Many common eye problems in dogs are treatable
Dogs of any breed can have issues with their eyes, either due to injury, infections or genetic conditions; some breeds are more likely to have eye problems than others. Of course dogs with very prominent eyes are more likely to have eye injuries, just because of the shape of the eye in relation to the skull and face. The most common eye problems in dogs are typically treatable, and even some of the genetic or congenital conditions of the eyes can be adverted with surgical correction. Researching each dog breed and checking the history of any eye or vision problem in either parent line when purchasing a puppy is important.
Canine eye problems are common, and can range from something as simple and easy to treat as conjunctiva (a minor soreness in the supporting tissue around the eye) to something much more severe like a corneal ulcer (where the internal contents of the eye can actually protrude through the corneal surface). Unfortunately, owners often put their dogs at risk when uncertain which problems require immediate medical attention and which ones are less severe. It is so difficult to evaluate the true nature or determine the actual severity of an eye problem simply by an owner's verbal description. Therefore, most veterinarians and their staff realize the importance of expediting calls regarding eye problems, to help ensure the dog gets the best treatment.
Let's take the “squinting dog” as an example. Surely any dog might develop a mild irritation in an eye and squint for a few moments; extra tear production is then probably, too. However, without direct examination of the eye and surrounding structures, no one (not even a Specialist in Veterinary Ophthalmology) would know if the squinting is due to a tiny scratch on the cornea, a cinder hiding beneath the third eyelid or a penetrating wound from an eye injury. Without an examination, something that looks as harmless as an innocent looking squint could be the very first signs of systemic diseases, such as Blastomycosis or cancer.
A good general rule for all dog owners to follow is to have any eye or adjacent tissue dysfunction evaluated immediately by a veterinarian. With eye injuries, the sooner you identify the specific problems and treat them, the better the chance of saving eye function.
During routine physical exams, internal disorders are apparent with subtle changes in the normal appearance of eye structures. A yellowish appearance of the normally white sclera, undetected by the pet's caretaker, signals to the veterinarian that there is likely to be a liver or red blood cell dysfunction. A faint haziness in the normally transparent cornea can prompt the need to evaluate liver or pancreas function. Tumors of any kind in the eye structures can grow and need medical attention at the earliest possible time in their development.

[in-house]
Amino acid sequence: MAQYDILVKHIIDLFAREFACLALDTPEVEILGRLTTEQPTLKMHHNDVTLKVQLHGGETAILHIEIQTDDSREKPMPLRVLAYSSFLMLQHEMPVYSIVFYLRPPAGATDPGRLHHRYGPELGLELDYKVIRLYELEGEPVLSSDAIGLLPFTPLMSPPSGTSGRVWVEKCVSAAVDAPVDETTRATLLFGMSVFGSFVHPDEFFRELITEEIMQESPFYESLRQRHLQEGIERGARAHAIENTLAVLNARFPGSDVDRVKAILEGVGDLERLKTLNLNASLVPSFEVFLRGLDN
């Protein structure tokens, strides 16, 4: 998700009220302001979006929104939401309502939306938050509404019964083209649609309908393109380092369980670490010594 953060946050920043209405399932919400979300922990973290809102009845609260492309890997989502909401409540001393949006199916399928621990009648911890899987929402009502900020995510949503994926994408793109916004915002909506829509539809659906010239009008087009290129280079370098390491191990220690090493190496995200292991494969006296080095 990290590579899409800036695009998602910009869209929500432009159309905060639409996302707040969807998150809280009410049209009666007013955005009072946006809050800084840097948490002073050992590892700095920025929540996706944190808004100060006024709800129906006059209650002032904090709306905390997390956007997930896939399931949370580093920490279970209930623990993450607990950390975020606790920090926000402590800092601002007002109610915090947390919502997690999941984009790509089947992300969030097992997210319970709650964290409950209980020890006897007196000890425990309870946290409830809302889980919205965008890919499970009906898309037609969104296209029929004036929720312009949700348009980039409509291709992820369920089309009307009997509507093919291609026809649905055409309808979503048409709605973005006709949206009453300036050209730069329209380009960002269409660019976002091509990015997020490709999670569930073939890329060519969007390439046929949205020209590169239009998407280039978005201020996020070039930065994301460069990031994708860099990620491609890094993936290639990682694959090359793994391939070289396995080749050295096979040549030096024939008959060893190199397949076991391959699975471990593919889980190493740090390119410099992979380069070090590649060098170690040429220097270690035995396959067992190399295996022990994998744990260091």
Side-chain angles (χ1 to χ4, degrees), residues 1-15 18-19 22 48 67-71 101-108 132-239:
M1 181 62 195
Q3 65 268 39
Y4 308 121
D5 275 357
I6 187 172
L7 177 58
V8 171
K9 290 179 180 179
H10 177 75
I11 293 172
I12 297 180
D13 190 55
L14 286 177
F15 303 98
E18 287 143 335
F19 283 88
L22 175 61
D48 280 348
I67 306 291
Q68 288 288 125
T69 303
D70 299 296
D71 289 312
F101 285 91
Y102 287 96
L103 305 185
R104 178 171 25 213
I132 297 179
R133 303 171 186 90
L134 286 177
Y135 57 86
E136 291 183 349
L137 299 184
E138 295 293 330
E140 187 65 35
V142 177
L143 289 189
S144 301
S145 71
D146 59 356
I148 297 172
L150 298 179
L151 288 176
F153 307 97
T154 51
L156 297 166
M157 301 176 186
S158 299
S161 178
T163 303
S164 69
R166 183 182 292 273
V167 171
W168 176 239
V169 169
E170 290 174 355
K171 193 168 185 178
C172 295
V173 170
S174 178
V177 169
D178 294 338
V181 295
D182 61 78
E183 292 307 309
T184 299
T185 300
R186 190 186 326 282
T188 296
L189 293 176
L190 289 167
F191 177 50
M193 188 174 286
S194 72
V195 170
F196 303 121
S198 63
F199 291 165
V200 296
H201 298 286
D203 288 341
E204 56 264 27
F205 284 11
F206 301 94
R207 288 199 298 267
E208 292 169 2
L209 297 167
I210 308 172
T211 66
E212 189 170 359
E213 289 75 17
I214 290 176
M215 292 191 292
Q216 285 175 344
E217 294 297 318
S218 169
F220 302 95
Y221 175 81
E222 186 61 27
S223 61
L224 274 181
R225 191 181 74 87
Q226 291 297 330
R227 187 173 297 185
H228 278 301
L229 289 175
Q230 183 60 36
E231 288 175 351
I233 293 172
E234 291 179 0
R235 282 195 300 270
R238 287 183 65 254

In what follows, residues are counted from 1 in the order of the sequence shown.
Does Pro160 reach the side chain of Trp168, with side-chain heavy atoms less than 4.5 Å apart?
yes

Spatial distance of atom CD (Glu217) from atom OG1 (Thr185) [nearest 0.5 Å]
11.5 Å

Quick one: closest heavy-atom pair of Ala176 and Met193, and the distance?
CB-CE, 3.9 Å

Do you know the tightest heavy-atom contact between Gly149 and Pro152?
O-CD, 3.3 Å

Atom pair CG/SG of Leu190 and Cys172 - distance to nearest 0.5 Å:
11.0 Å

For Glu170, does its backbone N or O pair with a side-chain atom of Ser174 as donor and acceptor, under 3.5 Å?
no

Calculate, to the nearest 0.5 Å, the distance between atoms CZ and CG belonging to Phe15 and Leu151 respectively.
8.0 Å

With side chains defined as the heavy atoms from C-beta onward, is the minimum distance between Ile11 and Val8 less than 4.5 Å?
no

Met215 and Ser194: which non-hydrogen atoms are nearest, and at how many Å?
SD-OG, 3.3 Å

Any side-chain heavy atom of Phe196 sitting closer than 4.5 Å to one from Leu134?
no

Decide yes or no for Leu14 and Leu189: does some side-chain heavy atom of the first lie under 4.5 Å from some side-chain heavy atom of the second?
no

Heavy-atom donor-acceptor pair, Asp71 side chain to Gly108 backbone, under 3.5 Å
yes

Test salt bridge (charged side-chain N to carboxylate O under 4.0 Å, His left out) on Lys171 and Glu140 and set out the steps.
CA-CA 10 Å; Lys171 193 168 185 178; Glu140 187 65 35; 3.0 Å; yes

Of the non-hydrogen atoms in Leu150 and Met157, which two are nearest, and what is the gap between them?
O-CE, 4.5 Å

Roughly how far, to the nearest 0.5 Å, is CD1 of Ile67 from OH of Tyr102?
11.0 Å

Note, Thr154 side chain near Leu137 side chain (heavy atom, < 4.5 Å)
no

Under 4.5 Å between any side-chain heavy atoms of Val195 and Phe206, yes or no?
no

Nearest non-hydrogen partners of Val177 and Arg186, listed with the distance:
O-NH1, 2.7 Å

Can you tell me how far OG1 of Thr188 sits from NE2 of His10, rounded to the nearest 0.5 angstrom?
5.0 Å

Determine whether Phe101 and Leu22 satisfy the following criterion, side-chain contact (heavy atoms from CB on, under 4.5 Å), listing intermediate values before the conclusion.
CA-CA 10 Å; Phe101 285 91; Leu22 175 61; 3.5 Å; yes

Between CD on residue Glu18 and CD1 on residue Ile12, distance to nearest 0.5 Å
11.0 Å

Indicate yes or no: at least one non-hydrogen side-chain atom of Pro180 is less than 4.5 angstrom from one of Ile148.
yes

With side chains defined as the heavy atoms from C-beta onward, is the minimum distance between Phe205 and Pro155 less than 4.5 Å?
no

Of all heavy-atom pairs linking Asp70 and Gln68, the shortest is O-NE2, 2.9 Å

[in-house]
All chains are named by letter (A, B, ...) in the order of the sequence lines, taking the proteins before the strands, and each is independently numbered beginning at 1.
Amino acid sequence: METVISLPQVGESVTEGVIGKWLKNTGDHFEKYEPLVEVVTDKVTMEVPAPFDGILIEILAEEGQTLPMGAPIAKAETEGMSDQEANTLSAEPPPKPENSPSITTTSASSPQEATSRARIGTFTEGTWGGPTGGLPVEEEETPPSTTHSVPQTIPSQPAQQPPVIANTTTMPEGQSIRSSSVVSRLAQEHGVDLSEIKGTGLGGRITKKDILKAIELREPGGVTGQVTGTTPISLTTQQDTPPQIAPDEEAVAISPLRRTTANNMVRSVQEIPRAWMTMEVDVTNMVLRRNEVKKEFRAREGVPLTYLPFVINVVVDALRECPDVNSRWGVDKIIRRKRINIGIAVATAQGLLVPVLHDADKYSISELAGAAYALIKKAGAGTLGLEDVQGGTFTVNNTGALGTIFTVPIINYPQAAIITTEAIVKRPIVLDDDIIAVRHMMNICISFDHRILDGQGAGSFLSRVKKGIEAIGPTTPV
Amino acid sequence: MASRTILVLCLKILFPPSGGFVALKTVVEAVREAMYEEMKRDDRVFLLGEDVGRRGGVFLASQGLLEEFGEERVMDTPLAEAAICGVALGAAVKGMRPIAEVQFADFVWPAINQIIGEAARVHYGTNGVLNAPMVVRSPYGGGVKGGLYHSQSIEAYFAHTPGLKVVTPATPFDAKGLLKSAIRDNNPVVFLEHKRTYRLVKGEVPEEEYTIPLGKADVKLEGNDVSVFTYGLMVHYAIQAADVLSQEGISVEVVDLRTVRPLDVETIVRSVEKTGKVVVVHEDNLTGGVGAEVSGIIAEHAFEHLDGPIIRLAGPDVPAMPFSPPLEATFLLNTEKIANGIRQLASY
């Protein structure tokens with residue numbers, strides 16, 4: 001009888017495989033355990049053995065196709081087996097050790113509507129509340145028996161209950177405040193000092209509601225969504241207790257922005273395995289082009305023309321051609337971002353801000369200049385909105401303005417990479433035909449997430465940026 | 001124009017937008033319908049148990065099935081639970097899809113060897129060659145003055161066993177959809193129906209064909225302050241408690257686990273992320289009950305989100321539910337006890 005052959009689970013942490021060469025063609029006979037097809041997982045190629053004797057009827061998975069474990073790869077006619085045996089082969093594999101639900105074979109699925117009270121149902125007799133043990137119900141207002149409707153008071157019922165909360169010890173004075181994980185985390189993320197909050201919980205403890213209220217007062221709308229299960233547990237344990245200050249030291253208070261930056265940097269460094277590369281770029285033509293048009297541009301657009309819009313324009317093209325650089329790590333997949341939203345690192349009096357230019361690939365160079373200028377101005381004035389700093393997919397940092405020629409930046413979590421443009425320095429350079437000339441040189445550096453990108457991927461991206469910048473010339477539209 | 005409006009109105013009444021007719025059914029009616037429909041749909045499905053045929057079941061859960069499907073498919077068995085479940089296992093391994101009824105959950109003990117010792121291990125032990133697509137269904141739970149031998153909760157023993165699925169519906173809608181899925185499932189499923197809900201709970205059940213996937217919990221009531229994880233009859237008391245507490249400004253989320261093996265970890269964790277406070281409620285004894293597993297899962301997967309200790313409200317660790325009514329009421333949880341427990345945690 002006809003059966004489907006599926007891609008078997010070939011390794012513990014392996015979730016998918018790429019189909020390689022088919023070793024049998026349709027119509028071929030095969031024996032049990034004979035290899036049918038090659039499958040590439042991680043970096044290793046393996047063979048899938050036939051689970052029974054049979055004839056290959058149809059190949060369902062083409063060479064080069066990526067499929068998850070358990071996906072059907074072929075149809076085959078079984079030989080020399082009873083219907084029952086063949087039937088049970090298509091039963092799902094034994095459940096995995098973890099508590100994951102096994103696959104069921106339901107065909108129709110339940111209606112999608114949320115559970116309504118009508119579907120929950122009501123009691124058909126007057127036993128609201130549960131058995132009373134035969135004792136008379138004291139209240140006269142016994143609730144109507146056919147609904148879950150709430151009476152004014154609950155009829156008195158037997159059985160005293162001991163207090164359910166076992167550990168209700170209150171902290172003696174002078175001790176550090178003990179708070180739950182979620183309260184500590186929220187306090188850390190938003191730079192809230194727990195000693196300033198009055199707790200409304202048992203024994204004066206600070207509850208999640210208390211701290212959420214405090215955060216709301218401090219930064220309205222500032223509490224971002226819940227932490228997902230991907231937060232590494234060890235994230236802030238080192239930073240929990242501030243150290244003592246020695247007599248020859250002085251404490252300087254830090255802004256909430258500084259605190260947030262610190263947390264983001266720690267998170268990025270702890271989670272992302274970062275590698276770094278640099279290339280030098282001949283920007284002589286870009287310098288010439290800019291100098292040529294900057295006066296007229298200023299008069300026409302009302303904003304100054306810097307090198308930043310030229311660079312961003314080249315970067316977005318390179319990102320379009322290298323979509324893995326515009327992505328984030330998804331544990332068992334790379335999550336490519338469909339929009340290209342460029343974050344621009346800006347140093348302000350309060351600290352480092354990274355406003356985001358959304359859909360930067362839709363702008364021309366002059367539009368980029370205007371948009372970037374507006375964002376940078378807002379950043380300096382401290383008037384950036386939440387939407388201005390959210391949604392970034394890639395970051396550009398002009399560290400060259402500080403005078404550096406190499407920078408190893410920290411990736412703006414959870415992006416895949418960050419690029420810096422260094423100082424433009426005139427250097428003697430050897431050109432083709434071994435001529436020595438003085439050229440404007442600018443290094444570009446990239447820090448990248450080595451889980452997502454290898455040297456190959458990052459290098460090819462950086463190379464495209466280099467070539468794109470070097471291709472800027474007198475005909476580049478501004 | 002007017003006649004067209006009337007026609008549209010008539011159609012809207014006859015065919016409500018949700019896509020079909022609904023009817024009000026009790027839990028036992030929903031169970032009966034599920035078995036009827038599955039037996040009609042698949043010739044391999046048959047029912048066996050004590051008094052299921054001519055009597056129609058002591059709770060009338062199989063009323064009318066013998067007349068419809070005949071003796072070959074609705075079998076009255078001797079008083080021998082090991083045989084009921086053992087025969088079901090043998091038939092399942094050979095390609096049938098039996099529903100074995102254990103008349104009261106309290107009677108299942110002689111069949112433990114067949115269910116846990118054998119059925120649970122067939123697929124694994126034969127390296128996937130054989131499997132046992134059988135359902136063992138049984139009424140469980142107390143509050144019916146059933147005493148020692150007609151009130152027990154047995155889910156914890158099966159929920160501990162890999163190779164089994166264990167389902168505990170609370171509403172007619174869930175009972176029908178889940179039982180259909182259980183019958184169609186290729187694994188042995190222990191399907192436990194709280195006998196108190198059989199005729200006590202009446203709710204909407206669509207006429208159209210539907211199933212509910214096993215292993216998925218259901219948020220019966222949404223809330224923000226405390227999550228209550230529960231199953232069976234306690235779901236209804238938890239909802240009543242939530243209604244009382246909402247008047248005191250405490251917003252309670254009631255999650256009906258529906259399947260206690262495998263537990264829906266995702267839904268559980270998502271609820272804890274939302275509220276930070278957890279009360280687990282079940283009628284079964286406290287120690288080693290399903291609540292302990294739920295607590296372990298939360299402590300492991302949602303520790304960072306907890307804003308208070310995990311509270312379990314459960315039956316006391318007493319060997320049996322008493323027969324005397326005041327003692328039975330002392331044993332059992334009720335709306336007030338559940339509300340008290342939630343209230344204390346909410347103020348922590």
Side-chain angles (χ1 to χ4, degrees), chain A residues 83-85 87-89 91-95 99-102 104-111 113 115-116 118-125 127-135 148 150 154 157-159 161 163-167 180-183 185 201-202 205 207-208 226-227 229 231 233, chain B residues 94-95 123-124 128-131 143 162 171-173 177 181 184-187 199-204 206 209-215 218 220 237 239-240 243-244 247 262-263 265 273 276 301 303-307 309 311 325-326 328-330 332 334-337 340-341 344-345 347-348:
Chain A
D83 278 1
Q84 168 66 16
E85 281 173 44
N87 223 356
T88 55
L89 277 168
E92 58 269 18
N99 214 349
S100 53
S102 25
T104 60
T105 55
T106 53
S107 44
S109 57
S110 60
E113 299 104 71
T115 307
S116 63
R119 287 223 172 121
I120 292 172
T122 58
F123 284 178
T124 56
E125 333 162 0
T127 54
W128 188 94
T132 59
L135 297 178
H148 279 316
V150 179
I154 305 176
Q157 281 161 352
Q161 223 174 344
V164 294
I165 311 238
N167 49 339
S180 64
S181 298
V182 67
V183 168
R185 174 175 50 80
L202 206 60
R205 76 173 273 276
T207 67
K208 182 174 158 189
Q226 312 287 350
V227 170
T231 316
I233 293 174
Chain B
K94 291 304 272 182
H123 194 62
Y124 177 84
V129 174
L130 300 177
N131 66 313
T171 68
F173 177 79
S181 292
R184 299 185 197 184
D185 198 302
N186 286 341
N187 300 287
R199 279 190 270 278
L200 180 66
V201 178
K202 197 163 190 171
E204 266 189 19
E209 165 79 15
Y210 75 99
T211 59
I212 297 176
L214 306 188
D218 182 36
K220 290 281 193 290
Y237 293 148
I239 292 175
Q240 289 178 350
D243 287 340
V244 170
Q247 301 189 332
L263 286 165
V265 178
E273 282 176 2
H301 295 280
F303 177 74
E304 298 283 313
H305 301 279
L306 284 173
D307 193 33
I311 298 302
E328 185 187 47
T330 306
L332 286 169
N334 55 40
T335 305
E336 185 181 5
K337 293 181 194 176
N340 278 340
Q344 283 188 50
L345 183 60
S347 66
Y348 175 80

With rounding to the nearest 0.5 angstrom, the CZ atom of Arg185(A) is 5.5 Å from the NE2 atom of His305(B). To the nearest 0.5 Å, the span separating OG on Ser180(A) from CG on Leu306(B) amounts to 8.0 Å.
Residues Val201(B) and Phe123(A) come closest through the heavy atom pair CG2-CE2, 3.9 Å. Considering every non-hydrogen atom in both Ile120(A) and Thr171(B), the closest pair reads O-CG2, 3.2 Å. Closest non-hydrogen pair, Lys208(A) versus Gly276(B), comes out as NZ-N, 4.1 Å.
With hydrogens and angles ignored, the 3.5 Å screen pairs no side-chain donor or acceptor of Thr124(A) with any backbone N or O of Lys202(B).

If you are about to acquire a new puppy, be sure to learn about common eye disorders for the breed you have chosen. For example, Cocker Spaniels frequently develop dry eye and glaucoma. Bichon Frise, Cocker Spaniels, Poodles, and Boston Terriers are breeds that often develop cataracts. If a potential owner is aware that the breed they are interested in has inherited eye problems, they can educate themselves about indicating signs. The more you know about your preferred breed the better your chances of obtaining a healthy dog.
Here is a list of some common ocular problems found in puppies. Familiarize with these disorders and prepare to closely scrutinize any new puppy for signs of these common difficulties:
Conditions that the owner may think are trivial may in fact be the early stages of something more serious. Often dogs are stoic and do not exhibit blatant signs of pain. Don't be a fool to subtle eye problems; they may not be so innocent after all. Do a thorough inspection of any new pup's eyes and associated structures before you decide to make it a part of your “family” or breeding stock. With any dog, if ordinary first aid provides no improvement in eye discomfort within 12 hours, be sure to obtain a veterinarian's evaluation immediately.
Ordinary Eye Wash (Sterile Buffered Saline) is proper to use in a dog's eye to clean the eye, but it will not be helpful for an inflamed, sore eye. For a red, sore eye seek veterinary attention immediately. You should not use Visine. It is not therapeutic; it merely makes the eyes less red for a short time. It can also be potentially harmful in some conditions. Artificial tear drops or ointments are usually not harmful and may be soothing for some dry eye conditions, but we urge advice of a veterinarian in any case.
Any eye abnormalities need veterinarian attention as soon as possible. Remember some eye conditions can result in permanent blindness, so early treatment is imperative.
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